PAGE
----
2018 was arguably one of the greatest years in gaming history. Games of all genres, development team sizes, and lengths were released, much to the gain of the gamers in the world. With so many games released and so little time to play them, it is impossible to experience them all (which is just a darn shame). While we at Cannonicity were fortunate enough to experience most of the “must-play” games, we were still playing a lot of catch up from years past and other great games out there in the wild. So, without further ado, here are the best games that we played in the year 2018.
Overall Best Game of 2018:
Eric: God of War
The more time that has passed since completing God of War, the more I appreciate how outstanding this game is. I fought with myself for a long, long time about this idea, ensuring it wasn’t just because it’s the newest that I’ve played; but I think I am ready to confidently say that God of War is my favorite game of all time (passing even my previous favorites of The Last of Us, Red Dead Redemption, and The Legend of Zelda: Twilight Princess).
God of War did nothing wrong. The game’s take on Norse Mythology is equally respectful and innovative. The narrative is somber, heartfelt, and beautiful. The story pacing is perfect. The voice actors bring life and depth to their characters. Bear McReary’s score elevates every scene to new heights with extra emotional punch. The visuals blew my puny, mortal mind. The combat is simple to play, hard to master. The boss fights are cinematic masterpieces. The Leviathan Axe is the single greatest weapon ever created. Oh, and the camera never once transitions. Perfection.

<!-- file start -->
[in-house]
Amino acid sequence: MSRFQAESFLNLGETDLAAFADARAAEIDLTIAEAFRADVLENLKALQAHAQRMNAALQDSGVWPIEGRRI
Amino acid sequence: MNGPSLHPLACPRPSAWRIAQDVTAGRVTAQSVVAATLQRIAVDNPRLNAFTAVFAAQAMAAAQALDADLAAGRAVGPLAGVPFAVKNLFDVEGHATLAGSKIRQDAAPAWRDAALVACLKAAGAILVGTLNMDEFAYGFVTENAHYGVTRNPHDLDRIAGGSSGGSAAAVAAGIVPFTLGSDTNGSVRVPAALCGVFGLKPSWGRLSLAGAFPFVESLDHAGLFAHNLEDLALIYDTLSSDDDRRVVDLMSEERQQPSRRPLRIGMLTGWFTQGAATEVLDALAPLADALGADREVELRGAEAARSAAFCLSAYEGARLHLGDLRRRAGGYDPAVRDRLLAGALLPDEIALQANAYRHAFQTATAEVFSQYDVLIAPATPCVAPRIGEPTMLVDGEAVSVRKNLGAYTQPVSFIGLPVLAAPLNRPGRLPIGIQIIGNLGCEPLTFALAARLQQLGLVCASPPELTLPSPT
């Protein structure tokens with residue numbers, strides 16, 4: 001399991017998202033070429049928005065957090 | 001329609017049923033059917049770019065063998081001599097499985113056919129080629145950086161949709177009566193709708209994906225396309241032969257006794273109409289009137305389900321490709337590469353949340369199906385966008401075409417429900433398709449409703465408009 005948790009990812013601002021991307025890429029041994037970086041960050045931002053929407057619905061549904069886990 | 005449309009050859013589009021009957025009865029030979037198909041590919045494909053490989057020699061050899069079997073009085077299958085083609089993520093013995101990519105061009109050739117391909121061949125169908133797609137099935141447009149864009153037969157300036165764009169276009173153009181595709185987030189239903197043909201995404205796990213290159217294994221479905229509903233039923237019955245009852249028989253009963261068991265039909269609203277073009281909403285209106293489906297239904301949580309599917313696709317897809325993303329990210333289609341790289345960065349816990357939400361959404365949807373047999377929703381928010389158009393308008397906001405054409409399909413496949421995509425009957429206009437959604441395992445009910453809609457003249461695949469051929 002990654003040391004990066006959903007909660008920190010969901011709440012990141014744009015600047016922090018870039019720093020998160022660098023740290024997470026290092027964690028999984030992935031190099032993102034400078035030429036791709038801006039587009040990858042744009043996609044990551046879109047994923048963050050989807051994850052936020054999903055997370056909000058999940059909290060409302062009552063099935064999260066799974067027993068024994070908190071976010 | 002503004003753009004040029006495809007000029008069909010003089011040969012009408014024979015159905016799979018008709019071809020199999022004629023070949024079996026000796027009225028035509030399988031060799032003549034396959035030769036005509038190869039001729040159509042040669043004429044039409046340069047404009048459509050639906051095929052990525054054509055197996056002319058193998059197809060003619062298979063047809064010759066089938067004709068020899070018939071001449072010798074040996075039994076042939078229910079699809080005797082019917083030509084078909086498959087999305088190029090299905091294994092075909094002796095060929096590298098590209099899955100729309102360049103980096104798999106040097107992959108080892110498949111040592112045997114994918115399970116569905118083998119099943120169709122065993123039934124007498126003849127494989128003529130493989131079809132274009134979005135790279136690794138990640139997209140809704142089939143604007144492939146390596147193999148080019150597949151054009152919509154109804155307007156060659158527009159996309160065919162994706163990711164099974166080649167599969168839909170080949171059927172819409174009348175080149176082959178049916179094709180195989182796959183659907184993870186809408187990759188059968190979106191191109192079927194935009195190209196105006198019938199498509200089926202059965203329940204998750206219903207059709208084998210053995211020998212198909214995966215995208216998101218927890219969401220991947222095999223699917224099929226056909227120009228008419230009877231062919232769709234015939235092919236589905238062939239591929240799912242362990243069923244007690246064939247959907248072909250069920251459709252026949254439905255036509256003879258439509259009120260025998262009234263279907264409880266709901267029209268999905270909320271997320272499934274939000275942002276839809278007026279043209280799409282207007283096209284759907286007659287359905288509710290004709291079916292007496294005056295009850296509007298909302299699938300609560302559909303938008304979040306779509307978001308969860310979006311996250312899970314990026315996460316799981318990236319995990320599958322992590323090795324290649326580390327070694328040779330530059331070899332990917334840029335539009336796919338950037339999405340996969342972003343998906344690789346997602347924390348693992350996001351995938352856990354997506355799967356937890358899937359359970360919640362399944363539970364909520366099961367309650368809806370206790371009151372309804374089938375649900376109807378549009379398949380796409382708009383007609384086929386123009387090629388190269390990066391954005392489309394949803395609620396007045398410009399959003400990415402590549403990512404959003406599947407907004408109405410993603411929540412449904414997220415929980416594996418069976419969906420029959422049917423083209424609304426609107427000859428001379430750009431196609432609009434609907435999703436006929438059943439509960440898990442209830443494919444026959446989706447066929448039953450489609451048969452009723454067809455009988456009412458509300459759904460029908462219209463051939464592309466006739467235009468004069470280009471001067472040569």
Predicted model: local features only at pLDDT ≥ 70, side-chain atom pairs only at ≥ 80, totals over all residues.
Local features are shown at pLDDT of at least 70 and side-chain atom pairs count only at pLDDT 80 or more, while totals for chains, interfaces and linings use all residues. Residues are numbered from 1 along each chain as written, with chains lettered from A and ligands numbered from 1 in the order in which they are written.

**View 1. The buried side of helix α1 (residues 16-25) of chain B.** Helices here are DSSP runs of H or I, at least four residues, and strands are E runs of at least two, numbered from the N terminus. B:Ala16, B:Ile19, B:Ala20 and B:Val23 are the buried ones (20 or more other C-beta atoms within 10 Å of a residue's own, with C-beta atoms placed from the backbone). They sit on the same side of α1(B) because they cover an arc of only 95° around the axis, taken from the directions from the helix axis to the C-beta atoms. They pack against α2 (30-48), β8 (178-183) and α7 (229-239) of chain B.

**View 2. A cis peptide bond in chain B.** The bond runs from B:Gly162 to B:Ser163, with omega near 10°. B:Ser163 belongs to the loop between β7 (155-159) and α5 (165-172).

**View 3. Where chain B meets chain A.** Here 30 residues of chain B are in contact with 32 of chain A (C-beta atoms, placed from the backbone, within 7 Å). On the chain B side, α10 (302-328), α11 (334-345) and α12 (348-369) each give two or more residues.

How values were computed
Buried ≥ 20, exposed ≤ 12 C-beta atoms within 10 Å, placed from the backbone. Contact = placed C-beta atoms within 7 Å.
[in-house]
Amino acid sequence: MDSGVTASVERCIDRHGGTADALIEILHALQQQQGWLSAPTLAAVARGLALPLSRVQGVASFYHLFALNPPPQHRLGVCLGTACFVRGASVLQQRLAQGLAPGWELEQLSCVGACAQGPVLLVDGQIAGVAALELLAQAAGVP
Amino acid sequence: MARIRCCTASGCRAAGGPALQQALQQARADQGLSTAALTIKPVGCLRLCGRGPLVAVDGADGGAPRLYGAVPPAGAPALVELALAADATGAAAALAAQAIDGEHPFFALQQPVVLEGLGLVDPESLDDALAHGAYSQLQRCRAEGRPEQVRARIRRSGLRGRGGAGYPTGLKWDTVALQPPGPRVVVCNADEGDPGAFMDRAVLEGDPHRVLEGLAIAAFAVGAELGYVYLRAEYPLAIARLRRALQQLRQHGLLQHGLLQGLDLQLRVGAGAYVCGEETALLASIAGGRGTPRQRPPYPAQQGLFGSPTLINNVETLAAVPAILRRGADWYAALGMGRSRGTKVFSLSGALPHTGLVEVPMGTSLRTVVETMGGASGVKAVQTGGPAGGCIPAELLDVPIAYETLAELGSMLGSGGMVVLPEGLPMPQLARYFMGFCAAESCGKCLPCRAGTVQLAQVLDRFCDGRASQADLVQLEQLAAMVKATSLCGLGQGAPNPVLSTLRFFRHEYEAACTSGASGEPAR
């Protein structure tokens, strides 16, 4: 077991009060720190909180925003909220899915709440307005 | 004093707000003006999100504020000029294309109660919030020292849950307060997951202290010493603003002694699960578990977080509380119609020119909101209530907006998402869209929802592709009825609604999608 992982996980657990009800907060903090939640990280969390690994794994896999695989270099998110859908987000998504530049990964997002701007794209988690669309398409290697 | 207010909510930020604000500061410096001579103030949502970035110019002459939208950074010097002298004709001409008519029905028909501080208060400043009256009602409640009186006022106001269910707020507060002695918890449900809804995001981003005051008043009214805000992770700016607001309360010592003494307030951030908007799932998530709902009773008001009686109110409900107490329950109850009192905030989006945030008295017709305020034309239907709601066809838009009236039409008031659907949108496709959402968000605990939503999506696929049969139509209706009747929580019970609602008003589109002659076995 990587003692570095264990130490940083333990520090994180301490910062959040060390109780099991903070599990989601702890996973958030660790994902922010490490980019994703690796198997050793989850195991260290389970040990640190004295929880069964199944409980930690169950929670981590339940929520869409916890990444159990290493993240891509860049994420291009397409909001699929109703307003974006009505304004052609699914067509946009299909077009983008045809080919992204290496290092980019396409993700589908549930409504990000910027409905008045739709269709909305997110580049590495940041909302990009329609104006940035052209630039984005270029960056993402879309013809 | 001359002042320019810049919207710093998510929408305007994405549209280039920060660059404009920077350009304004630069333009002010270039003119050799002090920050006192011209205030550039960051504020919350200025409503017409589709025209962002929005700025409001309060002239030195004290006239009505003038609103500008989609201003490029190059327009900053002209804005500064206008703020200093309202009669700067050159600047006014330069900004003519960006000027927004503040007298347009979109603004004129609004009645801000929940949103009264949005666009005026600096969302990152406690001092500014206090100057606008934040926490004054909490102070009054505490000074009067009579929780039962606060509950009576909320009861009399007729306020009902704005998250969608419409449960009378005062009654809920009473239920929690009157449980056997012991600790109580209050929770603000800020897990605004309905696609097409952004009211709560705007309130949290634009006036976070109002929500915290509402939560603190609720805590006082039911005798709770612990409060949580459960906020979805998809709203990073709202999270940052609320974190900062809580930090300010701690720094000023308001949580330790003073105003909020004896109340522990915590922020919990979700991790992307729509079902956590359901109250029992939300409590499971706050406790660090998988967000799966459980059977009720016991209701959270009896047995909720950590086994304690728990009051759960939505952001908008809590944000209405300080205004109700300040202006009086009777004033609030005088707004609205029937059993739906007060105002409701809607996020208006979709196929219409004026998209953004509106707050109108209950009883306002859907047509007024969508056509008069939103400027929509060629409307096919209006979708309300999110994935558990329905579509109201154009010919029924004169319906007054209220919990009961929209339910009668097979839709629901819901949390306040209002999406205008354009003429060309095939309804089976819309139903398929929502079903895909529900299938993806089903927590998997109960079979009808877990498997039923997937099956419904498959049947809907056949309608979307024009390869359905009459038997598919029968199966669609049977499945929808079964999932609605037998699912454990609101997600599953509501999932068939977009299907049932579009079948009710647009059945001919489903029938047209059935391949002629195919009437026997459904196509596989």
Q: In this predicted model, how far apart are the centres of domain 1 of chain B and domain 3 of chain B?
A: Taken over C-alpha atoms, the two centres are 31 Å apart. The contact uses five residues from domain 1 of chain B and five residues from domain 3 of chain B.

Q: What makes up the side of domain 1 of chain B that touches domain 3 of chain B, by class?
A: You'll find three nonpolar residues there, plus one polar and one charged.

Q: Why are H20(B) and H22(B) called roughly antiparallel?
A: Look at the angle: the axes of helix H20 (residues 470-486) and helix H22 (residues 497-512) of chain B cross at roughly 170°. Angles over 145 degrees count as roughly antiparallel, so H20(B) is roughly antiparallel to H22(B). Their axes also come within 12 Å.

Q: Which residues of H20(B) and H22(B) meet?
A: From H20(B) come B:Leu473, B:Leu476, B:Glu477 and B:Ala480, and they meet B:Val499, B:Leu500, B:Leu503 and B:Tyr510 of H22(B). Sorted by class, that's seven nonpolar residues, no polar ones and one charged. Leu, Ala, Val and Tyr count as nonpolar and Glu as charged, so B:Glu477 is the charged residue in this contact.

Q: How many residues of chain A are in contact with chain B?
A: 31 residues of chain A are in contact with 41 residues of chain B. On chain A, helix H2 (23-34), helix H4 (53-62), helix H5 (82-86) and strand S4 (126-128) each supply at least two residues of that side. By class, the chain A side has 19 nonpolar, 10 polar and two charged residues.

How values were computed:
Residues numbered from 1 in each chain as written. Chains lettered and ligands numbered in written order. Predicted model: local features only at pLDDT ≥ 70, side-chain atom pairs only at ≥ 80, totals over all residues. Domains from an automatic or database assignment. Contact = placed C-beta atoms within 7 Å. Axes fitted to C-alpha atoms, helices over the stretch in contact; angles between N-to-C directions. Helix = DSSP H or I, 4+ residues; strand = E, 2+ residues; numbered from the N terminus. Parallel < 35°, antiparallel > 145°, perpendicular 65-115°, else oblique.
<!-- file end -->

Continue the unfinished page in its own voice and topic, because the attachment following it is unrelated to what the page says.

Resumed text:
Garth: Red Dead Redemption II
8 years. I had been waiting 8 years for the follow up to Rockstar’s exemplary epic Western, and now they have finally delivered, blowing my expectations out of the water. The level of detail crafted into each rugged face or rolling hill is nothing short of astonishing; it is often enough simply to ride through the fields and take in the glorious expanse of beauty.
It is true that RDR2 can at times be slow, methodical and almost plodding, but this pacing virtually begs players to appreciate the world they are exploring. This masterpiece is something to be savored, not devoured, and I could not have asked for a better representation of the wild Wild West.
Jason: Divinity: Original Sin II
I have been thinking for years about diving into the cRPG genre. One of my closest friends from college was a huge Baldur’s Gate fan, and would constantly rave about it whenever we were discussing our love for classic Bioware games. I had always been a bit hesitant to jump in as the game style seemed a bit dated for my taste, and I had heard mixed things about Obsidian’s spiritual successor Pillars of Eternity. Surprisingly, the one feature that made me commit to trying Divinity was the ability to play cooperatively with up to four friends. My friend Cameron and I had been looking for a game to play together for a long time beyond just League of Legends or Rocket League; something that contained an overarching narrative, modern and fun gameplay, and meaningful RPG elements.
Divinity: Original Sin 2 surpassed all of those expectations. Time and time again I was stunned not only by the game’s seamless cooperative play, but also by its inherent design to reward players for their creativity and ingenuity. Every scenario can be tackled in a different way, and practically everything you can think of to attempt or strategize can usually come to fruition. The game provides moments of endless laughter mixed with instances of blistering frustration. The enhanced edition furthers this by shoring up the elements of the game that were strong and correcting the weaknesses that held it down. In my opinion, Divinity: Original Sin 2 is not only my top game of 2018, but one of the best co-op experiences I can recall in recent memory.
Next Page: Other Great Games We Played in 2018